. . . when you think about SEUSS!
Initially when I think about Dr. Seuss I think about the hours I spent cuddling on the couch as Theodore and I partnered in my earliest literacy efforts with our sweet boys. These are very fond thinks, I must say. I think about how they would request the same books over and over and about how we all knew them by heart. Their favorites being Green Eggs and Ham, One Fish, Two Fish, Red Fish, Blue Fish, and later, Hans’s beloved Fox in Socks.
I think about MY favorite Dr. Seuss book, Horton Hatches an Egg, and the look my children have all inevitably given me when I am caught off guard by my emotions and can barely continue reading because of the lump in my throat and the tears in my eyes. The frustration and sense of injustice I feel toward that lazy Mayzie LaBird and the audacity of her accusation that Horton stole her egg. Our children are spaced far enough apart that, between readings, I seem to forget the ending to the story and always feel so relieved and grateful when an Elephant Bird actually hatches from the egg for which Horton so lovingly sacrificed with dedication. At that point, every time I read this story, never fail, I feel an endearing love for Mr. Seuss, thankful for his insight and validation.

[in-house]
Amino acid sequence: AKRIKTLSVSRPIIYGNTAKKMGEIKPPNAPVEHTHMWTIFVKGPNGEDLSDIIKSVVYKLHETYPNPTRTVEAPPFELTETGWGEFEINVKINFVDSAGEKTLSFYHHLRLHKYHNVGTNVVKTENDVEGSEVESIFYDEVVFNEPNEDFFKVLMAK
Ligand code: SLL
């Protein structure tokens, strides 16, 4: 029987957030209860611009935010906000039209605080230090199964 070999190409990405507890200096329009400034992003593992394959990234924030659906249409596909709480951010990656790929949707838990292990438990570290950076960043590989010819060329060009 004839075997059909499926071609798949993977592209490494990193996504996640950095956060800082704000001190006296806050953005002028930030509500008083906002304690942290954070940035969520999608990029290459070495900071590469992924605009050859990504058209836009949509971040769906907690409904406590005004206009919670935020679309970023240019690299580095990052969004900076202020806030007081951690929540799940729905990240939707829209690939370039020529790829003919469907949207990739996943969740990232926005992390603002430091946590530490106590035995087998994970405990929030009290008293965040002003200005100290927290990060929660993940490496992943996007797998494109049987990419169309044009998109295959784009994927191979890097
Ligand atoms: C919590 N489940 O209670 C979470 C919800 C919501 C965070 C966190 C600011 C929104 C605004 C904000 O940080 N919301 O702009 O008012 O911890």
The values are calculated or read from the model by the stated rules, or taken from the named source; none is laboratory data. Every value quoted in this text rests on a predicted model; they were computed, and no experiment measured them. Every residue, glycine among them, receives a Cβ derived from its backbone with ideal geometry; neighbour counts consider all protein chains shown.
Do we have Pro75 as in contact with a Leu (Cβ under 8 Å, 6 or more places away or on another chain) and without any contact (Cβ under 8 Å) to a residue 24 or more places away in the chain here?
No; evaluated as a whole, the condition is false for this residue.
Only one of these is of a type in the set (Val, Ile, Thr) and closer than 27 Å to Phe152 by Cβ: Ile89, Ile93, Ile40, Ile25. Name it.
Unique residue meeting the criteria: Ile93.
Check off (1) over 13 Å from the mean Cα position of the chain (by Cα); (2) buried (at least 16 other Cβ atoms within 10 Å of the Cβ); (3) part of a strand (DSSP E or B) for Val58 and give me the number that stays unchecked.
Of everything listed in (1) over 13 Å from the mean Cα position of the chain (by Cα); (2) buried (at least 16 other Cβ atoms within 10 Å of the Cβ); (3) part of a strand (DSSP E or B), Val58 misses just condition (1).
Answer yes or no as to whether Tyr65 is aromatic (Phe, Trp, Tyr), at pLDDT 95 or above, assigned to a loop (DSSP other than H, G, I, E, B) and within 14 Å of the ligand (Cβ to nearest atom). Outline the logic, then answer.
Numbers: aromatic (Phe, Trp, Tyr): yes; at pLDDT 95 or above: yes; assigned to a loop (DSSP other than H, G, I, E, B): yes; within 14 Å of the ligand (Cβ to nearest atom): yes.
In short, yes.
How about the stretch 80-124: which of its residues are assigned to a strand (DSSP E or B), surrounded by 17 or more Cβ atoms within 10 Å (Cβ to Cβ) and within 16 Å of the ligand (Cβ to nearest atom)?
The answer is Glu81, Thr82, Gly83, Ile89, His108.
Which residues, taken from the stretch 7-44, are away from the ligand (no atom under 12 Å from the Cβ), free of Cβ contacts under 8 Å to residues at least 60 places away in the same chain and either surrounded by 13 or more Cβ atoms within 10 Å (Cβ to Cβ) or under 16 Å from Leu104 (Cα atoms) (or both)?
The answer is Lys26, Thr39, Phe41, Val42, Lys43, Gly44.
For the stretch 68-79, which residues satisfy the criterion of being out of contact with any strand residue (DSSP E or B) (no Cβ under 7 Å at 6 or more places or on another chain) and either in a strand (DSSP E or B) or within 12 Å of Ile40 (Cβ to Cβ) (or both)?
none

Last year around this time I had the privilege of adding some new thinks to my repertoire of Dr. Seuss thinks as our three sons were involved in Glacier Peak High School’s Seussical the Musical—David and Leif rocking it in the orchestra pit and Hans on stage as a Jungle Citizen. What a thrilling and fulfilling experience it was! I will think of the abundance of talent displayed not only by the students but the numerous adults involved too. Wow. I will think, with fondness, of all the adults and parents who selflessly gave of their time and talents. I will think of how hard everyone worked to make it a success.
I will think of Britta’s wide-eyed expression of awe as she finally got to see the musical on the final night after living and breathing (and dancing to) the soundtrack for months beforehand. I will think about how it was like she was at Disneyland, so excited to be hugging her favorite characters, insisting on giving everyone “Great job!” treats. I will think of bright pink speck-on-a-clover cake pops and Britta’s generosity toward Thing 1 and Thing 2. I will think about how she wants to be Gertrude when she grows up . . . or a dancing fish with a sparkly blue dress.
I will think of the important lessons I gleaned from the musical itself, wisely reminding me to “Follow (my) hunch” more often . . . and strengthening my resolve during those times when I feel “Alone in the Universe” and I must “stand on my own . . . (then) so be it.” I will think about how I have committed myself to being accepting of others even when they are thinking “different than us.” My biggest, most grand think of all though was the moment when I looked at my tall, thin, young man on stage—clad in leopard pants and fur—with his angular face and big brown eyes. In astonishment I couldn’t help but think “Why . . . he looks just like me.” I was stunned . . . and ever so grateful.
Happy Belated Dr. Seuss. Thanks for the thinks.
My boys in the pit. Leif on the violin and . . .
David on the keyboard.
Britta, thrilled to be with the Cat in the Hat.
Hans . . . my sweet “Elephant Bird.”